I have gone right off Gillian Shephard. When it is a matter of political survival, the gloves come off. Forget the "charm offensive", and the "let's be nice to teachers" resolutions. I have been watching her face grow harder, greyer and flintier as more and more twaddle passes her lips in the interests of propping up John Major and coping with the loony Right.
I thought she was better than that. After the bleak years of Kenneth Baker, Kenneth Clarke and John Patten, there was a hope that this education secretary would give the teaching profession fair treatment. But when political futures are at stake, certain things go out of the window. Whoooosh! Goodbye to the smile and the warmth. Swishhhh! That was a few scruples and principles disappearing into the ether. Crash! There goes what little is left of the truth nowadays, shattering the window beyond repair.
The report on standards of reading in three London boroughs was presented to the press the week before last as an indictment of progressive teaching. This was Gillian Shephard repeating the interminable litany of the Right, which she knows is tosh. Back in the good old days, the story goes, there was a Golden Age. Children sat in large classes, and teachers told them the facts. As a result, they could all spell every word in the dictionary, knew all their tables up to a billion times a billion, and could recite every cape and bay from Southend to Cape Squinxx on the planet Pluto.
The truth of the matter is that this l9th-century style of education produced an ignorant peasantry, unknowing about science and many other aspects of life, and hating school with a deep intensity. Even the brightest did not achieve as brilliantly as the right wing would have us believe. The D-streamers in grammar schools were rubbished and, like John Major, often quit before A-level, even though they were among the cleverest in their area. Less than 10 per cent of the population went on to higher education. Nowadays, their equivalents, alongside thousands of others who would have failed the 11-plus, are in that third of the population that goes to university.
After a thousand French lessons up to O-level, our brightest pupils would eventually come face to face with a customs officer in Calais, asking them in French if they had anything to declare. Most were incapable of replying much beyond "Il pleut", or "La plume de ma tante est sur la table". How many ended up paying customs duty on their Aunty Edna's Biro is not recorded.
So are teachers "trendies" who do not care about children learning? Not according to the much-altered first draft of the report on reading standards in three boroughs. In one of the passages that was later deleted, inspectors originally wrote: "Overwhelmingly, the teachers involved in this survey present themselves as pragmatic, non-doctrinaire people who want to have at their disposal the highest possible repertoire of skills and knowledge about teaching reading." Not exactly a gang of raving, off-the-wall Sixties hippies.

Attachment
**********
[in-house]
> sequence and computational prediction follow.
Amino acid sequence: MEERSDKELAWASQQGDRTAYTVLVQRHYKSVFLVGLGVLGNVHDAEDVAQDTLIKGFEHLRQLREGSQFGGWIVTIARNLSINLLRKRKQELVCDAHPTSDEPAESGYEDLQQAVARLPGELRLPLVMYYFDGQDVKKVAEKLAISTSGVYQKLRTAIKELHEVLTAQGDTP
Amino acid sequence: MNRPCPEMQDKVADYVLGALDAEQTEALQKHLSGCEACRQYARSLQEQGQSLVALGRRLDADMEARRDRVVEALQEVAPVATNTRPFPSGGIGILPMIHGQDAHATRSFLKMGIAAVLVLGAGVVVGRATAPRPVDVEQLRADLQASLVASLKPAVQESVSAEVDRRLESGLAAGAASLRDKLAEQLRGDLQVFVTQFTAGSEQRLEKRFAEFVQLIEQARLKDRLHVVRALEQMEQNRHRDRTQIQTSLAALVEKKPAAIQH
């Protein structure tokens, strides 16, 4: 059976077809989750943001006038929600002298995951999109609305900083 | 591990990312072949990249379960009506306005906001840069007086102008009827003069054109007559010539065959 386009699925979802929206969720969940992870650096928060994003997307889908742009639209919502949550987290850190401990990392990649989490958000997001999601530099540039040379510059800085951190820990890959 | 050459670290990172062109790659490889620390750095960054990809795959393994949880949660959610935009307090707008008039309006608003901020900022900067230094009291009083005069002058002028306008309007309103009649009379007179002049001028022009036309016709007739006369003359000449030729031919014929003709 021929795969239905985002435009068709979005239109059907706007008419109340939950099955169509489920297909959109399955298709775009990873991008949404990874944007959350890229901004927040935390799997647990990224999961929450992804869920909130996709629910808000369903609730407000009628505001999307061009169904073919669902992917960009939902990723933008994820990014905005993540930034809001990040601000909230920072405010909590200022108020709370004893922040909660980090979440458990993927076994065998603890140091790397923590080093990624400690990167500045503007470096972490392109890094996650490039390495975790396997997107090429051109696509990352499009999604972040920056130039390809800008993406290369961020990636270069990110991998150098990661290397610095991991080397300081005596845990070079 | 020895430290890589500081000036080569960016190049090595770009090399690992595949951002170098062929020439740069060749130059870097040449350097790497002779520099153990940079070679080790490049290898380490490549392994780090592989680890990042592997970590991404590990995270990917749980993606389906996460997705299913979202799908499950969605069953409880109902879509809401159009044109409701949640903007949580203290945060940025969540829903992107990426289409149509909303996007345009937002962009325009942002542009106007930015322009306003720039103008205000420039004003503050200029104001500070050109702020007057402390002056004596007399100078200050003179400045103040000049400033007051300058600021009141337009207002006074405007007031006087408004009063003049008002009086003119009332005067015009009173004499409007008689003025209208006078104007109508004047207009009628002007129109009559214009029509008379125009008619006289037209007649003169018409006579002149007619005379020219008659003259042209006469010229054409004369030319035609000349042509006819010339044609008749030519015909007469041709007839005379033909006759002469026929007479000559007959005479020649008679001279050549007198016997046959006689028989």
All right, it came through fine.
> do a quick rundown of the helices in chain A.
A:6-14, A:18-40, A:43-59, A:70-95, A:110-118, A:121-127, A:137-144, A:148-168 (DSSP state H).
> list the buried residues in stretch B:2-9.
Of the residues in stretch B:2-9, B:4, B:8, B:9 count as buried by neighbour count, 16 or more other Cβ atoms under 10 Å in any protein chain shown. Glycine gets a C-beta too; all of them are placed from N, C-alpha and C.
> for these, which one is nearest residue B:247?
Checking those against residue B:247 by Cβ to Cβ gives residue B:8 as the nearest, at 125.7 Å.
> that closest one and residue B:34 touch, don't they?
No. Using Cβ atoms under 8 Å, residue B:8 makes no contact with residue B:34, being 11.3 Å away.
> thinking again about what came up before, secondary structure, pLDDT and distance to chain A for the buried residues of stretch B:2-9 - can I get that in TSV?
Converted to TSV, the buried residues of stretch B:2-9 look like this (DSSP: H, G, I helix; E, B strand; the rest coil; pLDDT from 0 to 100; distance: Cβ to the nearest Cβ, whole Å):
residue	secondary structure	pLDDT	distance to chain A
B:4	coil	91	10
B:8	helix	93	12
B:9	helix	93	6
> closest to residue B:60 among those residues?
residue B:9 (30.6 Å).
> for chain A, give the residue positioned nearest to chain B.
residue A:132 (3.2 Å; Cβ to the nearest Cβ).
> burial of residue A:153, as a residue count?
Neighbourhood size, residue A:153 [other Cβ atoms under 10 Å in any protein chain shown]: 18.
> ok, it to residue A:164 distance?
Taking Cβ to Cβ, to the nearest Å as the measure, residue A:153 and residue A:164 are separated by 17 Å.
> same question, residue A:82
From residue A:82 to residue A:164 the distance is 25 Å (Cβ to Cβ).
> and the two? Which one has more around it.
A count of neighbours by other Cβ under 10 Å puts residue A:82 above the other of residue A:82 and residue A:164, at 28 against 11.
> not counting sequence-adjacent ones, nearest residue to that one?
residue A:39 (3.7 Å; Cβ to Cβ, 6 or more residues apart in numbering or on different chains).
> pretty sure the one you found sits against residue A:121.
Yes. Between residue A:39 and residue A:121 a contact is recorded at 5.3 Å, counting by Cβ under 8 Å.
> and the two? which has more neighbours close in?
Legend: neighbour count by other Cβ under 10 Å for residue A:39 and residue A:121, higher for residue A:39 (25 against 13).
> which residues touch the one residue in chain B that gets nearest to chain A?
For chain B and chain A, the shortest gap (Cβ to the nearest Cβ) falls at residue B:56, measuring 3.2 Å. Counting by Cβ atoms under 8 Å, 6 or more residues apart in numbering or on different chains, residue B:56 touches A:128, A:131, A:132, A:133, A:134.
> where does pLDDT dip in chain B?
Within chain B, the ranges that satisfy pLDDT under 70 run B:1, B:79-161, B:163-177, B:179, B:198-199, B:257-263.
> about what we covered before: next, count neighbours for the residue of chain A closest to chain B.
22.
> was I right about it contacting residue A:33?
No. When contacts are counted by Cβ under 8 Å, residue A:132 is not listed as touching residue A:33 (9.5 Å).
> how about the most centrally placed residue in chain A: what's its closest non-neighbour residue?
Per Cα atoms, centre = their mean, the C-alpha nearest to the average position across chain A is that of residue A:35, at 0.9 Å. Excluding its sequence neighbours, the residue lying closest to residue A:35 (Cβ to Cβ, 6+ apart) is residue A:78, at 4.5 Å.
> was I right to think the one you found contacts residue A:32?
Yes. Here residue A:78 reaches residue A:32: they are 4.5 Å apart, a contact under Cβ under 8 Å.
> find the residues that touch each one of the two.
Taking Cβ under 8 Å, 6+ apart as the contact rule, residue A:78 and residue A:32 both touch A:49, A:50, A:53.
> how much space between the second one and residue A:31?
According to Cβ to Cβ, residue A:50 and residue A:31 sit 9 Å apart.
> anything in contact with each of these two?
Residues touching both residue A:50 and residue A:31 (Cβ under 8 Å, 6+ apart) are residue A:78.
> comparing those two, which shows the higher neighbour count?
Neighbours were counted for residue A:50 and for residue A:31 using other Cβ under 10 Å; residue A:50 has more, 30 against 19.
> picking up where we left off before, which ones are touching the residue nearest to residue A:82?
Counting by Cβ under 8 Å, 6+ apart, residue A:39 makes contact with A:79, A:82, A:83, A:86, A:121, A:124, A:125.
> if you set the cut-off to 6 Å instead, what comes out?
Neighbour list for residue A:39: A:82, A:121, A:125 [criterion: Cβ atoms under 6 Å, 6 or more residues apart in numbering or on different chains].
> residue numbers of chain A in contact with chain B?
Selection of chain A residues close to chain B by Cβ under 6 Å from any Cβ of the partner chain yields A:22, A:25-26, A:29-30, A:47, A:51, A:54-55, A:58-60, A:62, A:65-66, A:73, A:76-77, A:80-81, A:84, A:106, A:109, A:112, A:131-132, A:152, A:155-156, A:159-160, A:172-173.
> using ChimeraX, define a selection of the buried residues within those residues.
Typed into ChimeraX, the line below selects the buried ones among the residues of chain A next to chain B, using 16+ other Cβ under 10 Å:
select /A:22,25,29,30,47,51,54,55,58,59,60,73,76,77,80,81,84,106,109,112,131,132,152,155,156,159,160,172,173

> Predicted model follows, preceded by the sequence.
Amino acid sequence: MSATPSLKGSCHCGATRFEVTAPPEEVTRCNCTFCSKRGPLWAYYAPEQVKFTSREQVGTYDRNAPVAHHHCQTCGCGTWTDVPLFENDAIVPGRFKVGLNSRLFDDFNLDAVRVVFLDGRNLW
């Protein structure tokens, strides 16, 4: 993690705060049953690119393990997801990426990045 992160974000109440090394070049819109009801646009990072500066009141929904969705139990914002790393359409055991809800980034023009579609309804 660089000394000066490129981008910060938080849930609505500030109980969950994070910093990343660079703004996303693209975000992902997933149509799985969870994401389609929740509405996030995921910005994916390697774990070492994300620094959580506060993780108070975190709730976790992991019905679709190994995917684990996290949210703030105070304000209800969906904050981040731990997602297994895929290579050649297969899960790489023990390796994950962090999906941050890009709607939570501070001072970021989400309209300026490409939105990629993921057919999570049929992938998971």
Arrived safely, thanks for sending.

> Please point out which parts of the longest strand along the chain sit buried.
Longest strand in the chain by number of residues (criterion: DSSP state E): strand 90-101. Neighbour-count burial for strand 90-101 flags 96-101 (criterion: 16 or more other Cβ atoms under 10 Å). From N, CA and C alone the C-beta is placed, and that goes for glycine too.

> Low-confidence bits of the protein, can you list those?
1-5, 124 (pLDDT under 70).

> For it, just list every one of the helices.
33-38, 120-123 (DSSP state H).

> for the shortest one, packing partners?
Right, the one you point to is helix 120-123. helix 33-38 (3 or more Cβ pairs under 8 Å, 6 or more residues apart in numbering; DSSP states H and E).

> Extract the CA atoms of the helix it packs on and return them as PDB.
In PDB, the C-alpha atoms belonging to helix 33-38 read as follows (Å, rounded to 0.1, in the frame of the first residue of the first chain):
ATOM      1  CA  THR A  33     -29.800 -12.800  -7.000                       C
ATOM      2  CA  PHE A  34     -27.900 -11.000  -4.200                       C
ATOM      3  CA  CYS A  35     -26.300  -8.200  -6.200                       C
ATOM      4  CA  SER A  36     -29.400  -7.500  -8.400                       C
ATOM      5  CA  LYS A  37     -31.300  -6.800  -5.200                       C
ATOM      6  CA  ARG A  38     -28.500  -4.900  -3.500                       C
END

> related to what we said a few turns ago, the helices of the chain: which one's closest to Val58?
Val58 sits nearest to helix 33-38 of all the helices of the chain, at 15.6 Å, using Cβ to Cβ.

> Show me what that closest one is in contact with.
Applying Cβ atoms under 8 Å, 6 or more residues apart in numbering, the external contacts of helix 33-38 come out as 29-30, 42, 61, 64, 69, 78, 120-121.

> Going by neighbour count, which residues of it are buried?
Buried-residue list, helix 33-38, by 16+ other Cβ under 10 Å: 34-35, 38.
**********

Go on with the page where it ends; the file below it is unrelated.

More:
It was alarming to see the alterations that appeared in the report and the spin that this gave towards the negative. A statement that "the quality of teaching of reading was satisfactory or better in approximately two-thirds of the lessons observed in Year 2" became "in just one-third of these the quality of teaching was unsatisfactory or poor".
It all made me wonder how you could reconceive the history of the world if you pursued the same line. Take our great 20th-century hero Winston Churchill. On the "accentuate the negative" principle, people could say that he lost the first third of the war. Churchill, the man who ran away from Dunkirk? I think there are better things to remember him by.
Then there is our 1966 not-so-great game in the football World Cup in 1966. England gave away a silly first goal, and then allowed Germany to equalise through bad marking in the last minute of ordinary time. The score? Oh yes, we won 4-2. But that confirms, of course, that, like teachers, we were one- third bad, rather than two-thirds good.
The arts are no better. Culture is a huge flop if you take the Gillian Shephard view of life. Why did Michelangelo paint the ceiling of the Sistine Chapel? I get a stiff neck every time I go in there. And have you listened to Beethoven's Fifth Symphony lately? I've watched the orchestra - and some of them do nothing for about a third of the time. They just sit there nursing their instruments. Why did Beethoven write only nine symphonies anyway? That is barely one every four years of his adult life. What was the lazy beggar up to?
We must aim for the highest levels of achievement for all pupils, especially those who desperately need a flying start in an important field like literacy. Sadly, the inspectors did see some poor teaching. As in other professions, not every teacher is ultra-competent.
It is not "progressivism", however that may be interpreted, that is at fault. I have watched and analysed hundreds of lessons and seen good and bad teaching of all kinds. The simple recipe "progressive equals bad, traditional equals good" is bunk. Someone droning on purveying inaccurate "facts" is a "bad trad". A teacher who lets children do whatever they want, whether or not they learn anything, is not a progressive teacher, but a bad teacher.
Over the next few months, as the general election draws nearer, Gillian Shephard will be under pressure from John Major and the loony Right to hammer teachers. It is an easy headline to earn. Some politicians believe that the public welcomes this scourging of their children's teachers, but my impression is that many parents do not like to see teachers done over ruthlessly. Perhaps she will play it only one-third dirty.